Walking along the street, I see people building garden beds with seats and fountains. I see fathers teaching their kids. Even at home, it’s delightful to watch my father-in-law teach my son, Moby, how to build and maintain a garden, especially since I can’t do it myself due to the complications from cancer. It’s wonderful to watch my wife teach Moby how to play guitar. I can’t wait to see him groovin’ up on the stage someday.
When adhesions formed in my bowel, the doctors removed 30 centimeters of it. This caused me to regurgitate meats, fish, and other foods that are hard to digest. I moved to a vegetarian diet and made sure I chewed thoroughly to make it easier to digest, so I wouldn’t throw up. Strangely I don’t crave the foods I can no longer eat. I have accepted that my life has changed and that I may never be able to eat those foods again. I thank my parents for instilling this ability in me at an early age. I’ve moved on quickly and quietly. I recognize that a vegetarian diet and chewing my food more thoroughly is healthier for me. Acknowledging these additional benefits helps me deal with the loss. I’m now a slow eater, who likes to chew a lot. I lost my sense of smell and my sense of taste, but slowing my chewing down allows me to appreciate food much deeper. So despite not being able to taste food anymore, I can still greatly enjoy it because of how it makes my body feel. It’s no longer about food being delicious, it’s about it being nutritious. I think that since I lost my primary senses of smell and taste, my other senses have been heightened, so I’m much more aware of everything. I no longer just look, I see. I no longer just hear, I listen.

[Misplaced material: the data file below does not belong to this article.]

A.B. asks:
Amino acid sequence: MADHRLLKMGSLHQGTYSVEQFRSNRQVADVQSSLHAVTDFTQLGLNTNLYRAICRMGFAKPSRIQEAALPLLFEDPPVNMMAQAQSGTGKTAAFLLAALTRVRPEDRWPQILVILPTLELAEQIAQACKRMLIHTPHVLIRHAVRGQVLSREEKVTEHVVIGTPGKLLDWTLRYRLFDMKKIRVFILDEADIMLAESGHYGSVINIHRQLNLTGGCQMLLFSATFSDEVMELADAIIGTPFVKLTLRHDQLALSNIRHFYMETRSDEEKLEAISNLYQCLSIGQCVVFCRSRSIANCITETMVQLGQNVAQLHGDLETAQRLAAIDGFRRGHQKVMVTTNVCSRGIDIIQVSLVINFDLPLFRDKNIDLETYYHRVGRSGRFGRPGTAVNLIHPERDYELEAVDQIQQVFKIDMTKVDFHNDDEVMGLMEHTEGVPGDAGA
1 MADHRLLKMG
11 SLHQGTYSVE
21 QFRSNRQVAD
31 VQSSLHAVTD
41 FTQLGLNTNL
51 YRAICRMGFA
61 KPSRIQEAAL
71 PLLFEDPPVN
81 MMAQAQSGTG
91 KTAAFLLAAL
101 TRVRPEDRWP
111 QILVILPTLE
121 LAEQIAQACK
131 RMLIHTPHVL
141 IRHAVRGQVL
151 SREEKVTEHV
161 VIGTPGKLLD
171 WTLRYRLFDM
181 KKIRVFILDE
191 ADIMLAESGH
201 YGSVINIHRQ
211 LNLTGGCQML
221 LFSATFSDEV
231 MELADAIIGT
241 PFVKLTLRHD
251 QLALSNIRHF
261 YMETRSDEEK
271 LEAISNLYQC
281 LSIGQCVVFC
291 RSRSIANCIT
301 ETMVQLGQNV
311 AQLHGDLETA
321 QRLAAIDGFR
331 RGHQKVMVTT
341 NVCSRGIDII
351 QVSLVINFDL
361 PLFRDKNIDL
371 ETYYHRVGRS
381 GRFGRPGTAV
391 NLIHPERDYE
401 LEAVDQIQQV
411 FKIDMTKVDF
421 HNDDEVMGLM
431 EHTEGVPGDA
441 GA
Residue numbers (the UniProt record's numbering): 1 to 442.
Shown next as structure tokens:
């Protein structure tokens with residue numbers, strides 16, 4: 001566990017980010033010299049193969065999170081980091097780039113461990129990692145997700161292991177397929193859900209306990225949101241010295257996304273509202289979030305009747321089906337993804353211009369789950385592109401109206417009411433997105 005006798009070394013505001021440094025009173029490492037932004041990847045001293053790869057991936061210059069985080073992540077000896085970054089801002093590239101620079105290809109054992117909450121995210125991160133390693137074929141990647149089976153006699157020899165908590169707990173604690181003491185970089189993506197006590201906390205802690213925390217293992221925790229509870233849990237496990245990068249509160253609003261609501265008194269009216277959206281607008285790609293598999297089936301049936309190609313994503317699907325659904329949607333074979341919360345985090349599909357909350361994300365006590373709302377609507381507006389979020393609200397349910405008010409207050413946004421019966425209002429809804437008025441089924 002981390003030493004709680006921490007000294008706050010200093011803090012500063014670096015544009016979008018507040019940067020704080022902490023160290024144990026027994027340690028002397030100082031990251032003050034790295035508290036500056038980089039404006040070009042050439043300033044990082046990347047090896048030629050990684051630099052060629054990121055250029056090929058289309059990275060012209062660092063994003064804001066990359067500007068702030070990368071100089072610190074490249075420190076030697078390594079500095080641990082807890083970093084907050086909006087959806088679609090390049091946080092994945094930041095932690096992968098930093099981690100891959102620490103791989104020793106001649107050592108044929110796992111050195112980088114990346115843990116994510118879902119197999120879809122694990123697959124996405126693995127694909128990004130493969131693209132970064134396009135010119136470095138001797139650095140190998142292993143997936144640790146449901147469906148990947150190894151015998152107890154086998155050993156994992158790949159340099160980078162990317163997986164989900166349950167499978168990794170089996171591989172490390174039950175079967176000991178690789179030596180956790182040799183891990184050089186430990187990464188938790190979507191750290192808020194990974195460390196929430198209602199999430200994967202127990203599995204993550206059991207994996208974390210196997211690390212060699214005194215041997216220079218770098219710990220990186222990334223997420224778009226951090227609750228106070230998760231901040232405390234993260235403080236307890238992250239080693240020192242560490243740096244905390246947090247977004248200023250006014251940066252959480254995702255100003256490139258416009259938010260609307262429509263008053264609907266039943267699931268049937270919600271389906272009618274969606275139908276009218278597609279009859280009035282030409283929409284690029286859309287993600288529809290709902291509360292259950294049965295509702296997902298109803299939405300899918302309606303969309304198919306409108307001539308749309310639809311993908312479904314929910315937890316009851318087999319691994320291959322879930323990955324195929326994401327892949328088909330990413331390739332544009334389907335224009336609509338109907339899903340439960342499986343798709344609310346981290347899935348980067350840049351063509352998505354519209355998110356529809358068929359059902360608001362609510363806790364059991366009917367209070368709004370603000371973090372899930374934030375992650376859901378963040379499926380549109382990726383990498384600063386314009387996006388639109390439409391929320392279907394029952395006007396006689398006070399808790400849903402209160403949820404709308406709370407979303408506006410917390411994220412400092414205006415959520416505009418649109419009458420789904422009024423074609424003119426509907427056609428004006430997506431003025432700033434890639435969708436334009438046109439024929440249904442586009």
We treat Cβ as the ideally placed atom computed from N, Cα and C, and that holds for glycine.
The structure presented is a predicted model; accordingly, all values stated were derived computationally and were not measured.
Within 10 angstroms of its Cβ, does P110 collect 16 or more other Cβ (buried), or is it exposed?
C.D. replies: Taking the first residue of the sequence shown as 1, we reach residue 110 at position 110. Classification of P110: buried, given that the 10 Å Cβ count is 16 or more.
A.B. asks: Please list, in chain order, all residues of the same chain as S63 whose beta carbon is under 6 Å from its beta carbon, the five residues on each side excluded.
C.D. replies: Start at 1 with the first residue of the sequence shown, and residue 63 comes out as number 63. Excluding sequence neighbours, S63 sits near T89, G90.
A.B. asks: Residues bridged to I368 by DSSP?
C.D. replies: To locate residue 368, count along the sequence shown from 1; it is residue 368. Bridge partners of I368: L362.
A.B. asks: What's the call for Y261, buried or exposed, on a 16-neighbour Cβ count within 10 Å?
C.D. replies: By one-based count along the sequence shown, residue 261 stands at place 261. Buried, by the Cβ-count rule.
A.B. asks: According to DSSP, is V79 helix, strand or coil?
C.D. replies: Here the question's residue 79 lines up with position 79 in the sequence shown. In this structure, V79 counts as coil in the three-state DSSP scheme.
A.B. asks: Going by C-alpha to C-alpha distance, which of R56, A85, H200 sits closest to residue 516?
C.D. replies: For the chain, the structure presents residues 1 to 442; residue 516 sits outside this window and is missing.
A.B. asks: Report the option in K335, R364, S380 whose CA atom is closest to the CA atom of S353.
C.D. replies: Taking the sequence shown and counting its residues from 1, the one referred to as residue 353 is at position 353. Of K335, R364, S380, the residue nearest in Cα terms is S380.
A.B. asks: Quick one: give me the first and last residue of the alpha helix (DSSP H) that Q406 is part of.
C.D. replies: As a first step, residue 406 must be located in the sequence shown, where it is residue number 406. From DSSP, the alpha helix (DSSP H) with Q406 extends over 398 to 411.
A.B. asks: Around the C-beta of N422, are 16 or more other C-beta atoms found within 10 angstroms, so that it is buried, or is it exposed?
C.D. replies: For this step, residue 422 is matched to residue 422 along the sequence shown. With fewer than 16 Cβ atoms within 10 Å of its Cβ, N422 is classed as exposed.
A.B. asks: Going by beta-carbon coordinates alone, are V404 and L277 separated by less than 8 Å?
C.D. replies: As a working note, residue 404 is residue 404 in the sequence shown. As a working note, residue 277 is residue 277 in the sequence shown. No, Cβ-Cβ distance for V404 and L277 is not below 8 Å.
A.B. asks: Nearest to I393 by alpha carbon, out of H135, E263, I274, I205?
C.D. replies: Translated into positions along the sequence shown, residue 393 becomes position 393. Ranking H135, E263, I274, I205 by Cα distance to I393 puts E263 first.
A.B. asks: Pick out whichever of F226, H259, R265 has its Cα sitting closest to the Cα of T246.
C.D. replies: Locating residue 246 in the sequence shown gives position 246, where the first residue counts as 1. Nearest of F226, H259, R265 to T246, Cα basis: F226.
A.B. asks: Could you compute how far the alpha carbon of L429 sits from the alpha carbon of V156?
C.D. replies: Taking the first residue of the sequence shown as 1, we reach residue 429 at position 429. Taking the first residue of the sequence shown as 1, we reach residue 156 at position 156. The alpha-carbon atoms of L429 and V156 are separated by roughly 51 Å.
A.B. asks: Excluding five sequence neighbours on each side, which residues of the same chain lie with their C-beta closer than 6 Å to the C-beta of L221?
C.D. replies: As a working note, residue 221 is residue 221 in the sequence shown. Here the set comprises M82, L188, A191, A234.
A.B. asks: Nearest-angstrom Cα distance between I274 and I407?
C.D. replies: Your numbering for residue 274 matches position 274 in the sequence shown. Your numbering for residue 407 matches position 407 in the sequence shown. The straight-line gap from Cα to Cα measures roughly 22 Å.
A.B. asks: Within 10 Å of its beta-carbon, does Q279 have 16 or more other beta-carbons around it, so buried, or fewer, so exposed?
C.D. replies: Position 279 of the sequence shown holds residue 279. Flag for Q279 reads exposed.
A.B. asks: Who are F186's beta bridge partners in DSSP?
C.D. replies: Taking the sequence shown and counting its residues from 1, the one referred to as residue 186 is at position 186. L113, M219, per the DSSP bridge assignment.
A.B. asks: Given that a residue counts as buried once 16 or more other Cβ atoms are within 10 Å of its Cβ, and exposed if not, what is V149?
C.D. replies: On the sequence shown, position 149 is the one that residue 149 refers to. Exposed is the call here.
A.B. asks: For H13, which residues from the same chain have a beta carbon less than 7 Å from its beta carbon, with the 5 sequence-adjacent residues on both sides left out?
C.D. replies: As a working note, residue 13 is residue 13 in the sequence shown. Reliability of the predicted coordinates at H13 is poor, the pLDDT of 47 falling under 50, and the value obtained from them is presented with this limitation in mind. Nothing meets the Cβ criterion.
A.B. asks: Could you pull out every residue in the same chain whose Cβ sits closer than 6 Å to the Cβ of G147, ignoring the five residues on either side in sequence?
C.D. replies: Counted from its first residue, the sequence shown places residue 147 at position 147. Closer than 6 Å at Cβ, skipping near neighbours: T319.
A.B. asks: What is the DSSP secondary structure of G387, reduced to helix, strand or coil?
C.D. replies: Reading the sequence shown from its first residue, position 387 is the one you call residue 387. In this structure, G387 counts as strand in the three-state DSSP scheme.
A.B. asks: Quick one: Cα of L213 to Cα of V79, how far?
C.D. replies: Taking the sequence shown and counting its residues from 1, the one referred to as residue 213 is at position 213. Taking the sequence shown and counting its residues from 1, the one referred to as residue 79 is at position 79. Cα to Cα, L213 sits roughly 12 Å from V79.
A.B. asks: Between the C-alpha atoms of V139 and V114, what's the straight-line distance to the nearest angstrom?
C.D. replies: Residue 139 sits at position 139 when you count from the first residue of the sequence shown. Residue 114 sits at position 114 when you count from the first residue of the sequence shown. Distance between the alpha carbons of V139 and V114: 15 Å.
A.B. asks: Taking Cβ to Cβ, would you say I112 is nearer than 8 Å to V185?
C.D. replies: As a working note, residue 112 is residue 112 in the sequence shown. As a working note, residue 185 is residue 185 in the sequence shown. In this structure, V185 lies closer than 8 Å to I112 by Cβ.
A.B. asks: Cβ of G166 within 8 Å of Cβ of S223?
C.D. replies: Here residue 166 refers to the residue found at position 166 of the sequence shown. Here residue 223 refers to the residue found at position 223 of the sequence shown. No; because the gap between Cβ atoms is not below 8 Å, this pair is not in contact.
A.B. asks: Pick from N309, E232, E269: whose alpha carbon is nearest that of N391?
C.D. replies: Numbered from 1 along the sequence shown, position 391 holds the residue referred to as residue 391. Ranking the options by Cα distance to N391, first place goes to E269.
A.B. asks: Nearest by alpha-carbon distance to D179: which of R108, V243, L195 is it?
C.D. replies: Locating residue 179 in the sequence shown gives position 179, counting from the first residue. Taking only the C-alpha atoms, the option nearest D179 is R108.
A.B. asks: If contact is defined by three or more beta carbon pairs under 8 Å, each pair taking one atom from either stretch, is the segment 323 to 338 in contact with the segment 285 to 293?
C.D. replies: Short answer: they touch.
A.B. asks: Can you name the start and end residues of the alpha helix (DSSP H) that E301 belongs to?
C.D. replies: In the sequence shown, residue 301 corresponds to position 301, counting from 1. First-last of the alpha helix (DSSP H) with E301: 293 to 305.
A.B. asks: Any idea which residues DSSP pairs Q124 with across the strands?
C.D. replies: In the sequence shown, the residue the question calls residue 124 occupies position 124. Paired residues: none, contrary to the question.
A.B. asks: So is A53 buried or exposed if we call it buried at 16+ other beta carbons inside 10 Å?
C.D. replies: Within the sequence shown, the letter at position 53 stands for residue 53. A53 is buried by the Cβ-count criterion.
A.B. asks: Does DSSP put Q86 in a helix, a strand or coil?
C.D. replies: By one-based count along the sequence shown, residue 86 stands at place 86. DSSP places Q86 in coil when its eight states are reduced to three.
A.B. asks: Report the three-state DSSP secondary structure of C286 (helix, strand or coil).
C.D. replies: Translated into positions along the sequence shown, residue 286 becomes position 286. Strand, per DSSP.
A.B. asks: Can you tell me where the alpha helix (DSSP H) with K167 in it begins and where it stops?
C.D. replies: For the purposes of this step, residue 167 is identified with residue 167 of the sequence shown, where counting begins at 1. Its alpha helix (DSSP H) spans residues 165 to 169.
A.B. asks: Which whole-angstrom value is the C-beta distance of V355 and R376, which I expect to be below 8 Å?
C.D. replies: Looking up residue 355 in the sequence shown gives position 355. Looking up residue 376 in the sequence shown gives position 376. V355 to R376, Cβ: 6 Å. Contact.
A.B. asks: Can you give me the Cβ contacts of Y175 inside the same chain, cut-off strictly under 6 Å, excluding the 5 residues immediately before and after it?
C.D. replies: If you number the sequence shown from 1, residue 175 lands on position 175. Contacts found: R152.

By far the worst side effect from my cancer treatment was an acquired brain injury, caused by bacteria from one of my surgery wounds infiltrating my brain. This resulted in short and long-term memory loss. I have no memory of the time I contracted cancer, or when the symptoms arose, the diagnostic stage, the treatment stage, or even my first admission into hospital. I don’t remember being released or any time I spent at home.